Base Excision Repair in the Immune System: Small DNA Lesions With Big Consequences

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Abstract

The integrity of the genome is under constant threat of environmental and endogenous agents that cause DNA damage. Endogenous damage is particularly pervasive, occurring at an estimated rate of 10,000–30,000 per cell/per day, and mostly involves chemical DNA base lesions caused by oxidation, depurination, alkylation, and deamination. The base excision repair (BER) pathway is primary responsible for removing and repairing these small base lesions that would otherwise lead to mutations or DNA breaks during replication. Next to preventing DNA mutations and damage, the BER pathway is also involved in mutagenic processes in B cells during immunoglobulin (Ig) class switch recombination (CSR) and somatic hypermutation (SHM), which are instigated by uracil (U) lesions derived from activation-induced cytidine deaminase (AID) activity. BER is required for the processing of AID-induced lesions into DNA double strand breaks (DSB) that are required for CSR, and is of pivotal importance for determining the mutagenic outcome of uracil lesions during SHM. Although uracils are generally efficiently repaired by error-free BER, this process is surprisingly error-prone at the Ig loci in proliferating B cells. Breakdown of this high-fidelity process outside of the Ig loci has been linked to mutations observed in B-cell tumors and DNA breaks and chromosomal translocations in activated B cells. Next to its role in preventing cancer, BER has also been implicated in immune tolerance. Several defects in BER components have been associated with autoimmune diseases, and animal models have shown that BER defects can cause autoimmunity in a B-cell intrinsic and extrinsic fashion. In this review we discuss the contribution of BER to genomic integrity in the context of immune receptor diversification, cancer and autoimmune diseases.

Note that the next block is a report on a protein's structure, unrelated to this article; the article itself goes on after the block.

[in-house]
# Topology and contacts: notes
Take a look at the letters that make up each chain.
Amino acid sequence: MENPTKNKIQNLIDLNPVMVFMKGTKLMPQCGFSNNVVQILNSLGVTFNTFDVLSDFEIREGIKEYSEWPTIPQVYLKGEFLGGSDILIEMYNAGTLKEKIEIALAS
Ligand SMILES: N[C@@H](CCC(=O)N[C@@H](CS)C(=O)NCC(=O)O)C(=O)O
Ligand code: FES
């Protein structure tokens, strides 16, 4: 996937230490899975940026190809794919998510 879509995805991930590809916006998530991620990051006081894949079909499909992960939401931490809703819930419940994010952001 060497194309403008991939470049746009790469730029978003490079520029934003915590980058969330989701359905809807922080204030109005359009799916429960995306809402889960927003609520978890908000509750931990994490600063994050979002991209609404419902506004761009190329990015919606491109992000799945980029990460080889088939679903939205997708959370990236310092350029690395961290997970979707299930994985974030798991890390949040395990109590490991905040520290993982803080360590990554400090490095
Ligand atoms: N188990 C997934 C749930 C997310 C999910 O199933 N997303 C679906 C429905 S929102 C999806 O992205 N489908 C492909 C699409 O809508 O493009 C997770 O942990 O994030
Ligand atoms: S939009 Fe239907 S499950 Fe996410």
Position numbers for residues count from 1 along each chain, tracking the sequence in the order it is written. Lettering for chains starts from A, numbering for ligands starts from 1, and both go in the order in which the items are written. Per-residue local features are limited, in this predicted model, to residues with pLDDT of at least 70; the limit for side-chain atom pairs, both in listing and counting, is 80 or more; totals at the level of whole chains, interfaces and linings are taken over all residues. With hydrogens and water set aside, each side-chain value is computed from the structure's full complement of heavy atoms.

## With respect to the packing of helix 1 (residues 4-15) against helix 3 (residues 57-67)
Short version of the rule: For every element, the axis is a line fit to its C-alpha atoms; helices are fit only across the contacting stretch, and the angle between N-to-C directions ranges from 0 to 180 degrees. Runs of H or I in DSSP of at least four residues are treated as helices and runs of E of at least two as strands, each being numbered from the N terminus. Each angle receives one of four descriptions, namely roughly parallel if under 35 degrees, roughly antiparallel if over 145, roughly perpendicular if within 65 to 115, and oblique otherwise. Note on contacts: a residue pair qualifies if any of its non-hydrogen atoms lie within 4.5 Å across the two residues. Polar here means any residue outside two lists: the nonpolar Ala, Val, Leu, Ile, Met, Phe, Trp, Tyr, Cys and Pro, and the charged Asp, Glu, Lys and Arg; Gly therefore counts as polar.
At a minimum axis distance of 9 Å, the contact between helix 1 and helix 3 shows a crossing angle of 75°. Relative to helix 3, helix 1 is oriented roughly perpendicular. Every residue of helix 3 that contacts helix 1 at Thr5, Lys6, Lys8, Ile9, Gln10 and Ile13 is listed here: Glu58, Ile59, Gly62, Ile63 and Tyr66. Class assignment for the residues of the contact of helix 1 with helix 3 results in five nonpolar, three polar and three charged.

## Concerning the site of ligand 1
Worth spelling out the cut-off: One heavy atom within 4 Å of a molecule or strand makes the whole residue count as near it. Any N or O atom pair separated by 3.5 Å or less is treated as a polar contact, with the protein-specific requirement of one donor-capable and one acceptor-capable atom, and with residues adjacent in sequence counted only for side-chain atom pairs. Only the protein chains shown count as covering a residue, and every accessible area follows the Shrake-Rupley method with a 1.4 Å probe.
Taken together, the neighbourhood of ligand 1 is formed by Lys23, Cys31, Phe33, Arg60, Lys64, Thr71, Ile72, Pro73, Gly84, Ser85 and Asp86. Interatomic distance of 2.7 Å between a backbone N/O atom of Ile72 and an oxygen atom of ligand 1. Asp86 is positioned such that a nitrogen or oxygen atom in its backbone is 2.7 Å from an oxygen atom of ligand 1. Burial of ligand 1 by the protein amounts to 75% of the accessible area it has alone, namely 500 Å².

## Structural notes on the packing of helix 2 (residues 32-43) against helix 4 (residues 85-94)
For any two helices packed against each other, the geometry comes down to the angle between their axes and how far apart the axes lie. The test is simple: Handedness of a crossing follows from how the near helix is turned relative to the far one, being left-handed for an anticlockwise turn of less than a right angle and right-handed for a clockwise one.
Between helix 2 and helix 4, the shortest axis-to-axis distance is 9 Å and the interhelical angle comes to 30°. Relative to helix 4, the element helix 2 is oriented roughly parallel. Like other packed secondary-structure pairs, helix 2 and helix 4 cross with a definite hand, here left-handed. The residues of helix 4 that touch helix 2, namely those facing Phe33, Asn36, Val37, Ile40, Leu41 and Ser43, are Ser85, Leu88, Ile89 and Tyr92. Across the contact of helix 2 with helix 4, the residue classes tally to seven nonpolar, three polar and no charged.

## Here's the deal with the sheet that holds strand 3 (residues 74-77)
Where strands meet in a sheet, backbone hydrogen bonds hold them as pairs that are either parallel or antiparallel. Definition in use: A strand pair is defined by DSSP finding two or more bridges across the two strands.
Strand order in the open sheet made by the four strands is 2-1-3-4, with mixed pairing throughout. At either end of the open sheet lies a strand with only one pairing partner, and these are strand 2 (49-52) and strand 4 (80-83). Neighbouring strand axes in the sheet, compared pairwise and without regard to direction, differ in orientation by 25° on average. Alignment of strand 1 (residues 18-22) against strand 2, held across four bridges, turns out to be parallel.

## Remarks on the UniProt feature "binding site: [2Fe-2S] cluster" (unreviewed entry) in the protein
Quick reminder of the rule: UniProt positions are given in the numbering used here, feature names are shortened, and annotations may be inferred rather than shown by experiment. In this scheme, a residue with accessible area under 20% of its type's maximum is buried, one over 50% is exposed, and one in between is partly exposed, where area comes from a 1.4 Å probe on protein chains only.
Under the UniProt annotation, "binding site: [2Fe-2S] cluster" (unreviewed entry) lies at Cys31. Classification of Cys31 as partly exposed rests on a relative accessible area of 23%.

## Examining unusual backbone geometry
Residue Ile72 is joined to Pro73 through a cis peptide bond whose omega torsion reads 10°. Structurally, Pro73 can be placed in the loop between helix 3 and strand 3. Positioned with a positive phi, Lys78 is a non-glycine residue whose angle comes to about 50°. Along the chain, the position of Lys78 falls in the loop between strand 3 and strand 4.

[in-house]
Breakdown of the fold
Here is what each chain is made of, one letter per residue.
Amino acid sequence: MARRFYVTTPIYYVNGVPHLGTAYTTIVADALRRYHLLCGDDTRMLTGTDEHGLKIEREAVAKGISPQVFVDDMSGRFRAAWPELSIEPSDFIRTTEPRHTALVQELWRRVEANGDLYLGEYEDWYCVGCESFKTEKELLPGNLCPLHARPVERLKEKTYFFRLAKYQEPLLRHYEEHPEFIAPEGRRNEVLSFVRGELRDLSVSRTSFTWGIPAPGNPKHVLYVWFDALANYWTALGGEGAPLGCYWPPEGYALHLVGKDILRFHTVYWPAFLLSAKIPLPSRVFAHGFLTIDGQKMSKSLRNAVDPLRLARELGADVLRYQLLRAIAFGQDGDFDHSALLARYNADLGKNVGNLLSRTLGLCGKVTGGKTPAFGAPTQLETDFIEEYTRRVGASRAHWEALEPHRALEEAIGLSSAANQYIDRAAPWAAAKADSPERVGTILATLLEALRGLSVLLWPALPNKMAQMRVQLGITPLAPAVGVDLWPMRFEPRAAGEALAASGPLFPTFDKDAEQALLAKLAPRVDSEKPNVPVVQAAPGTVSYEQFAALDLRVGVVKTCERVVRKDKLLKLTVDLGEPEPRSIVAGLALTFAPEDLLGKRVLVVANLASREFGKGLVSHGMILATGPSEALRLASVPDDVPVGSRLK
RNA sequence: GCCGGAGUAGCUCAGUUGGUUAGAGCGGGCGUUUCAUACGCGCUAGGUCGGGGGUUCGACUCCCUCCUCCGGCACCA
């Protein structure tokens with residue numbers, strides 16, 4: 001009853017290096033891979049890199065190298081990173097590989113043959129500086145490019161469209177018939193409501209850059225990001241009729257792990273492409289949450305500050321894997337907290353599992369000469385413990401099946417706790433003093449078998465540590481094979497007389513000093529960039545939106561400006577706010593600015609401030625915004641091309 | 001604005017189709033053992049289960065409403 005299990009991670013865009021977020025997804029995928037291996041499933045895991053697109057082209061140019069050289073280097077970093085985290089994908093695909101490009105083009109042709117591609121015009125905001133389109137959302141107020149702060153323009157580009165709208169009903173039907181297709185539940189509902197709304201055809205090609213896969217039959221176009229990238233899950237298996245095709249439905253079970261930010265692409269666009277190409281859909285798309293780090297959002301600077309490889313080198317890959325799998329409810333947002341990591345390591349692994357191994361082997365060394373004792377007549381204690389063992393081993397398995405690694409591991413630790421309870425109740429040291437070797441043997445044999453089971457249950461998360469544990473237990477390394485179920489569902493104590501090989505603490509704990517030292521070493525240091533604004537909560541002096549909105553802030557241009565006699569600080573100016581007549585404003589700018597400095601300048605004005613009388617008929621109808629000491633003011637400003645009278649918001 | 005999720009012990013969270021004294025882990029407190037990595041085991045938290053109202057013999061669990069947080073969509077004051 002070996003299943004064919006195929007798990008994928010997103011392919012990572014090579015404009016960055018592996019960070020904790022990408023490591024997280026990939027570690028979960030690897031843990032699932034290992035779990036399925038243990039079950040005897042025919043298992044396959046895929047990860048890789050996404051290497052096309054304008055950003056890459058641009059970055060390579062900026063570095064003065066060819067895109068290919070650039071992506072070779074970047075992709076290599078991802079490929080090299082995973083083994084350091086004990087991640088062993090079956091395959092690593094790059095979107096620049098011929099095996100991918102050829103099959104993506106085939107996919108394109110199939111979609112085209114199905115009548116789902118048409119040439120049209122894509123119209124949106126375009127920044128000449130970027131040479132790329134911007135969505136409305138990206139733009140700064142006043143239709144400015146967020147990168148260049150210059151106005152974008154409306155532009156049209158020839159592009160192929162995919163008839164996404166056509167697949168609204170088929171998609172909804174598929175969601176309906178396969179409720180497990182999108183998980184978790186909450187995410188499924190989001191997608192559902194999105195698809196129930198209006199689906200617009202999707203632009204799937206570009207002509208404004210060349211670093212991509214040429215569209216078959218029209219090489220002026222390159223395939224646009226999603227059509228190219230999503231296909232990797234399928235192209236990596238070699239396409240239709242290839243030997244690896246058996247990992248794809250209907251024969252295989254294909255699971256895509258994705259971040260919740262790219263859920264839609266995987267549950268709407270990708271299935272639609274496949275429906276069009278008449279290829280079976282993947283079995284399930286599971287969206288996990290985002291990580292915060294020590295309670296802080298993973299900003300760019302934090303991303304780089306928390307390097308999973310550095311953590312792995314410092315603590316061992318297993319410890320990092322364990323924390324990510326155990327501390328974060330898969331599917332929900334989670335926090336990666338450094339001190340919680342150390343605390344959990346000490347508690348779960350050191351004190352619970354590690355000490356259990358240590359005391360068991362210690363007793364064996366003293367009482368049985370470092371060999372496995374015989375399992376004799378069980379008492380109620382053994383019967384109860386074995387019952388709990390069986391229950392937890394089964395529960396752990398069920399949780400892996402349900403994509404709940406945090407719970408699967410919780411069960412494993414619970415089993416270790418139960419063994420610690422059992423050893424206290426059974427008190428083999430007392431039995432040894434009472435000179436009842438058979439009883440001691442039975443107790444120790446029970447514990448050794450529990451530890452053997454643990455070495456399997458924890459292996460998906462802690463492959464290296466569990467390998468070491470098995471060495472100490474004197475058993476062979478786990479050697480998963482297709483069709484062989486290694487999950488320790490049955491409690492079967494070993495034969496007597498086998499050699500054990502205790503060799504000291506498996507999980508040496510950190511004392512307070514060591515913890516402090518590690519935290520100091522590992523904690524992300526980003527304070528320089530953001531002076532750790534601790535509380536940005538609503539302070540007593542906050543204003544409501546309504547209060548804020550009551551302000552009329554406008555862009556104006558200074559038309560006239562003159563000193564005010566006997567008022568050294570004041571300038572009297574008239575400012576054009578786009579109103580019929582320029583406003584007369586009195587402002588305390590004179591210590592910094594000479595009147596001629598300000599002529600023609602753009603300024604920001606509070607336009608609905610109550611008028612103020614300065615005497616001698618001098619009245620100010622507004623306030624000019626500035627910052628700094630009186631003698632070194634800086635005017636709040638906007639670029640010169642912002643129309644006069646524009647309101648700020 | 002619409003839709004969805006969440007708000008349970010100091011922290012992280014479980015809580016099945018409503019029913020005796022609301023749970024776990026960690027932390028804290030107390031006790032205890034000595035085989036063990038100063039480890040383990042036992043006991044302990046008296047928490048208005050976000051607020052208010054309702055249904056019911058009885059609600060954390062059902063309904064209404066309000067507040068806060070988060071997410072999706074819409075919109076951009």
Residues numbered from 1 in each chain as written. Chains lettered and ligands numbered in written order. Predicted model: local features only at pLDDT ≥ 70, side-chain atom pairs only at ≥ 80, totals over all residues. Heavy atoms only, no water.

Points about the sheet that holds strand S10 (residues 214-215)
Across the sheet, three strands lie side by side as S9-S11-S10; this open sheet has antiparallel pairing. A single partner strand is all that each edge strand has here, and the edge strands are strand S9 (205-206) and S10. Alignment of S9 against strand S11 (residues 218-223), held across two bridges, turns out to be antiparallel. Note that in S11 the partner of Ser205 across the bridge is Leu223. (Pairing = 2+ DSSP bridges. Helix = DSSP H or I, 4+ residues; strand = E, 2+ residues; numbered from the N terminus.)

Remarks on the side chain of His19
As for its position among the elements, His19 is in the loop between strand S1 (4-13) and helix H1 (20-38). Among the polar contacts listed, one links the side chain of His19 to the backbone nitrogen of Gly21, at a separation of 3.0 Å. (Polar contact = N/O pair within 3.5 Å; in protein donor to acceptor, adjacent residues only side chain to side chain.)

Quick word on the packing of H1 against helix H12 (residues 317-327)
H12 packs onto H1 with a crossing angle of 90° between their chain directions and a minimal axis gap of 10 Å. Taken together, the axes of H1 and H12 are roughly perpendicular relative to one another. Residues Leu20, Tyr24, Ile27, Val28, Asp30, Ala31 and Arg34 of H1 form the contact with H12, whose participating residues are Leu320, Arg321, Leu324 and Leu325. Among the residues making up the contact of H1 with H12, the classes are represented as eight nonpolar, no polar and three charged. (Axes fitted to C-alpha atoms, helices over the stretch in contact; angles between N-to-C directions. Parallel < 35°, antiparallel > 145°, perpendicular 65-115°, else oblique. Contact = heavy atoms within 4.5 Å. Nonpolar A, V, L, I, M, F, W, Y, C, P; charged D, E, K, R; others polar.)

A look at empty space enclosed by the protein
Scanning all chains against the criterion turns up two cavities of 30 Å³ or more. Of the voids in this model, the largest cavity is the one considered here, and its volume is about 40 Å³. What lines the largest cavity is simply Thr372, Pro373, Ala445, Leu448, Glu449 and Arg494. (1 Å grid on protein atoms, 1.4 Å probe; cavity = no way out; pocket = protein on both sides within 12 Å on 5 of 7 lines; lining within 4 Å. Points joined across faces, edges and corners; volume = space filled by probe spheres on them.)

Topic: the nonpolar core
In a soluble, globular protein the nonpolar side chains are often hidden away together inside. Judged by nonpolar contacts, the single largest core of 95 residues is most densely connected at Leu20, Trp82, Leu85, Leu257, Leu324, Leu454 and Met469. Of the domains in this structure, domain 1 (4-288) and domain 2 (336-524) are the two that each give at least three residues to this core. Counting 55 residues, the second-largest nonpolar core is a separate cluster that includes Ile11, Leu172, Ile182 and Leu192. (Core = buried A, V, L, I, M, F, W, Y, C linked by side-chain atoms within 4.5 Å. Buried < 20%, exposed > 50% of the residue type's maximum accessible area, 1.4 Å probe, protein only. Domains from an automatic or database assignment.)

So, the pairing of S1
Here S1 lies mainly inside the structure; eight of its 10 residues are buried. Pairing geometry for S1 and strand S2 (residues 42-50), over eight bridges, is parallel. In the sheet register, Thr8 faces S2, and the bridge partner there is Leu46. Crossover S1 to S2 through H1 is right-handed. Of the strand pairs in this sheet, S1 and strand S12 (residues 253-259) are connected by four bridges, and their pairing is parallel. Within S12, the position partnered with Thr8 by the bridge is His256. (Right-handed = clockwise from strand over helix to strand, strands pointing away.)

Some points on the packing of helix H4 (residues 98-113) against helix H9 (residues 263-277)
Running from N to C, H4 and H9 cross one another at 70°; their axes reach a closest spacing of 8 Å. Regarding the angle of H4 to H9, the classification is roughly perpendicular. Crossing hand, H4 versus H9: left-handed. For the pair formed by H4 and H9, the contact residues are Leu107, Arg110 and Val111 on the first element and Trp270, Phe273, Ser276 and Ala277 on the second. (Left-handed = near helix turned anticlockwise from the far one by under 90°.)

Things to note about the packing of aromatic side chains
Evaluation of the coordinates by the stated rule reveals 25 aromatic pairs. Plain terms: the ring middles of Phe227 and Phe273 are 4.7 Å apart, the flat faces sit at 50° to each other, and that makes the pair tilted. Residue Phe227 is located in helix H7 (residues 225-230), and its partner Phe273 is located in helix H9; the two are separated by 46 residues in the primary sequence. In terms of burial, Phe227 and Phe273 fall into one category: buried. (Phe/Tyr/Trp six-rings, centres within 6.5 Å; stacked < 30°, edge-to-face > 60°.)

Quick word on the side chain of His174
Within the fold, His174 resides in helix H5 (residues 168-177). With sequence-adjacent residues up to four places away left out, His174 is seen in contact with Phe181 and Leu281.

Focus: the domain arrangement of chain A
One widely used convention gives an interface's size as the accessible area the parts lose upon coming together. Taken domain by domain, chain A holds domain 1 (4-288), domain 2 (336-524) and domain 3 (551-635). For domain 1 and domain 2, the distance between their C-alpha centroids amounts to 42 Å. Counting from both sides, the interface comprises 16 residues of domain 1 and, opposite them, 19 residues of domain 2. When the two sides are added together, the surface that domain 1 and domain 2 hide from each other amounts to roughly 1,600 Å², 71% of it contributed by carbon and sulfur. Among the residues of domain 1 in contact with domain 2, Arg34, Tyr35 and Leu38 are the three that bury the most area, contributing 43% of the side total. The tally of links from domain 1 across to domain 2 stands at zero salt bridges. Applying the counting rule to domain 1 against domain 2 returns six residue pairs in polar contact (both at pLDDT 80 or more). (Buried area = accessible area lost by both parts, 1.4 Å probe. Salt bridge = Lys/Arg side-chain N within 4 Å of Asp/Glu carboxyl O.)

Original languageEnglish
Article number1084
JournalFrontiers in immunology
Volume11
DOIs
Publication statusPublished - 29 May 2020

Keywords

  • autoimmune diseases
  • base excision repair (BER)
  • class switch recombination (CSR)
  • germinal center (GC)
  • lymphoma
  • somatic hypermutation (SHM)

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